Touchdown! Falcon first stage lands on a barge in the Pacific. Credit: SpaceX.
As usual, SpaceX continues its mission to perfect landings of the rocket first stage, so it can be used again later. This time the rocket stage landed in the Pacific Ocean, on the landing barge named "Just Read The Instructions." This was the first successful landing in the Pacific. Four have landed in the Atlantic on board the landing barge "Of Course I Love You." Another successful landing took place in Texas on land.
You can read more details about this mission at at

ISS Spacewalkers Replace Batteries, Part 2

Astronaut Shane Kimbrough exits the station through the Quest airlock. His suit had the red stripe, allowing flight controllers to easily identify which astronaut was visible on camera.

On Friday January 13, American EVA 38 took place to complete the battery change-out that was the focus of last week's spacewalk. Expedition 50 commander Shane Kimbrough led the EVA, making his fourth spacewalk, while he was joined by ESA astronaut Thomas Pesquet, who was making his first spacewalk.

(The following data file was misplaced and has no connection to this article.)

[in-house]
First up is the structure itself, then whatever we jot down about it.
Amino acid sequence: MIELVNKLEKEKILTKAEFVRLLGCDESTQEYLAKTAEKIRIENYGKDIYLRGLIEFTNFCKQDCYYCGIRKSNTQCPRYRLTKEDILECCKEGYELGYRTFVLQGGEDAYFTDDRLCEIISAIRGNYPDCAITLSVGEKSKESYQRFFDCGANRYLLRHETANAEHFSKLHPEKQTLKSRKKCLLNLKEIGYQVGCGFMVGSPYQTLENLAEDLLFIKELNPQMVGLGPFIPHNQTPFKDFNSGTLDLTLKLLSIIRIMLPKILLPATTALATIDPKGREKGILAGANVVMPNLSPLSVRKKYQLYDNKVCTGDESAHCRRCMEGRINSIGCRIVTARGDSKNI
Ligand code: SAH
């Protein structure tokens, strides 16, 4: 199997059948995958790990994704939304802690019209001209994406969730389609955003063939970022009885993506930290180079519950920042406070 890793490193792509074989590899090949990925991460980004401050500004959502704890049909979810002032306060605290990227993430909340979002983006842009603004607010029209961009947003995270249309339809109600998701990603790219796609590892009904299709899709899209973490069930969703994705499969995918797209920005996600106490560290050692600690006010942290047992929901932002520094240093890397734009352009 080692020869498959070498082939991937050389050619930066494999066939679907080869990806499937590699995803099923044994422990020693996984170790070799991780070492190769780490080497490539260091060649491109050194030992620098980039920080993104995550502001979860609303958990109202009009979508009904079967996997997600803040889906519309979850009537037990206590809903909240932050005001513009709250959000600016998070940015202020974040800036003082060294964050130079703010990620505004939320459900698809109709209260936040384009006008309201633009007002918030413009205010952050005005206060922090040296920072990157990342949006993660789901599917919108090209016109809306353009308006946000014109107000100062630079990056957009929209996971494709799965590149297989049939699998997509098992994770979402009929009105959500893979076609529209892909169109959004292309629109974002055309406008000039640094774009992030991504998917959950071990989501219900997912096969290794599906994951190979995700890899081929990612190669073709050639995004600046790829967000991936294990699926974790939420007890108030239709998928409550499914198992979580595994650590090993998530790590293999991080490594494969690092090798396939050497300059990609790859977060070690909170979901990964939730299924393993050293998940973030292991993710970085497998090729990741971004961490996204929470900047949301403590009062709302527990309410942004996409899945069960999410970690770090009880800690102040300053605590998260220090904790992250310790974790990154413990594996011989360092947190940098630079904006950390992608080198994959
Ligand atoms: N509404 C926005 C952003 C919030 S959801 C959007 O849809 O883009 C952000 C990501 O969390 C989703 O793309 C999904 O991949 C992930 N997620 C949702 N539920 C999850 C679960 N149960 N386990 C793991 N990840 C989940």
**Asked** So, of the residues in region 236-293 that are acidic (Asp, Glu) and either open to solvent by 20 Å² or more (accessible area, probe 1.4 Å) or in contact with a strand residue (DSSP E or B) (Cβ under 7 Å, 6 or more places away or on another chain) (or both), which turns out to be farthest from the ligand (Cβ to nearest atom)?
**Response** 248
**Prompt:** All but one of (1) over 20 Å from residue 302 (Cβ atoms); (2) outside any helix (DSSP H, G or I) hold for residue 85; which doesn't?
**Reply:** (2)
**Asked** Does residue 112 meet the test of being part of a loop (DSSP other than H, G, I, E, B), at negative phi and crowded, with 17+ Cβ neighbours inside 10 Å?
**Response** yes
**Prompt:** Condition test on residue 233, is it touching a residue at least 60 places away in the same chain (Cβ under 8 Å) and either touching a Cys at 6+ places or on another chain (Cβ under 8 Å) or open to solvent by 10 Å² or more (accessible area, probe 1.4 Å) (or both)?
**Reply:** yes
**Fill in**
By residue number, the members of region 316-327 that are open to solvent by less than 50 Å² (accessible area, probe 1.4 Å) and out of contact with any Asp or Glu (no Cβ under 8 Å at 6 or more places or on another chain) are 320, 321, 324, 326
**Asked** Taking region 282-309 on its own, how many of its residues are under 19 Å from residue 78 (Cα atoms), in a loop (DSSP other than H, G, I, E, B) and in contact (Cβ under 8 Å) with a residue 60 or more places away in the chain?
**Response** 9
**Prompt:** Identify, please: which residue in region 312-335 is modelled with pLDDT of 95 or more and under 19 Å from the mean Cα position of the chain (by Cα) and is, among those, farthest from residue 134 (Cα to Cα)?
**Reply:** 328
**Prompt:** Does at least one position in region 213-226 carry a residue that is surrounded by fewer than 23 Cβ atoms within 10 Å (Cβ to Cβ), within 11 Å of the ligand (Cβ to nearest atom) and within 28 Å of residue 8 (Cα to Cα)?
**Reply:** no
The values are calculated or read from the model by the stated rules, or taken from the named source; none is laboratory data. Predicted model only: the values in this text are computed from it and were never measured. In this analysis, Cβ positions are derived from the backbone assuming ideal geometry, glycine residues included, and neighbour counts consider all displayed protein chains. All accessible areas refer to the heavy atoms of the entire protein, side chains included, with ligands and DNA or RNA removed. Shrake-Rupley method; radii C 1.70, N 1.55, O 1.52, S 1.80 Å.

Kimbrough takes a great selfie, focusing on his reflective helmet which shows the Earth in the background. It's also a great view of the helmet assembly, with its extra lighting, cameras for astronaut POV, and solar protection covering on visor.
 The mission of this EVA was to complete the switchout of the older Nickel-Hydrogen truss batteries with the newer Lithium-Iron batteries. This power changeout has been underway for a long time, as astronauts have used several spacewalks and several robotic arm procedures to replace cables, switch power routings, and finally relocate old batteries to storage and install new batteries on the Truss.

Just hanging out, over 180 miles above the Earth. Easy Peasy. Picture from Thomas Pesquet's camera.
The station's Truss battery sections are in 4 parts, due to how the truss components were launched and assembled. The oldest Truss is designated P6. It's oldest batteries were changed out to newer lithium-hydrogen batteries (new then) by shuttle astronauts back in 2009 and 2010. But now the batteries will need to be replaced so that the station can continue its work-life towards 2024, so new batteries are required, and the new lithium-ion batteries are the new technology. It's planned to take up to 4 years to replace all the Ni-H2 batteries. These spacewalks replaced the oldest Ni-H2 batteries on Truss S-4.

Inside part of the S-4 Truss segment.
The battery change-out was completed a couple of hours ahead of schedule, so the astronauts used the rest of the EVA time to accomplish some tasks which would have been done on the next scheduled spacewalk. The total time of the spacewalk was just under six hours.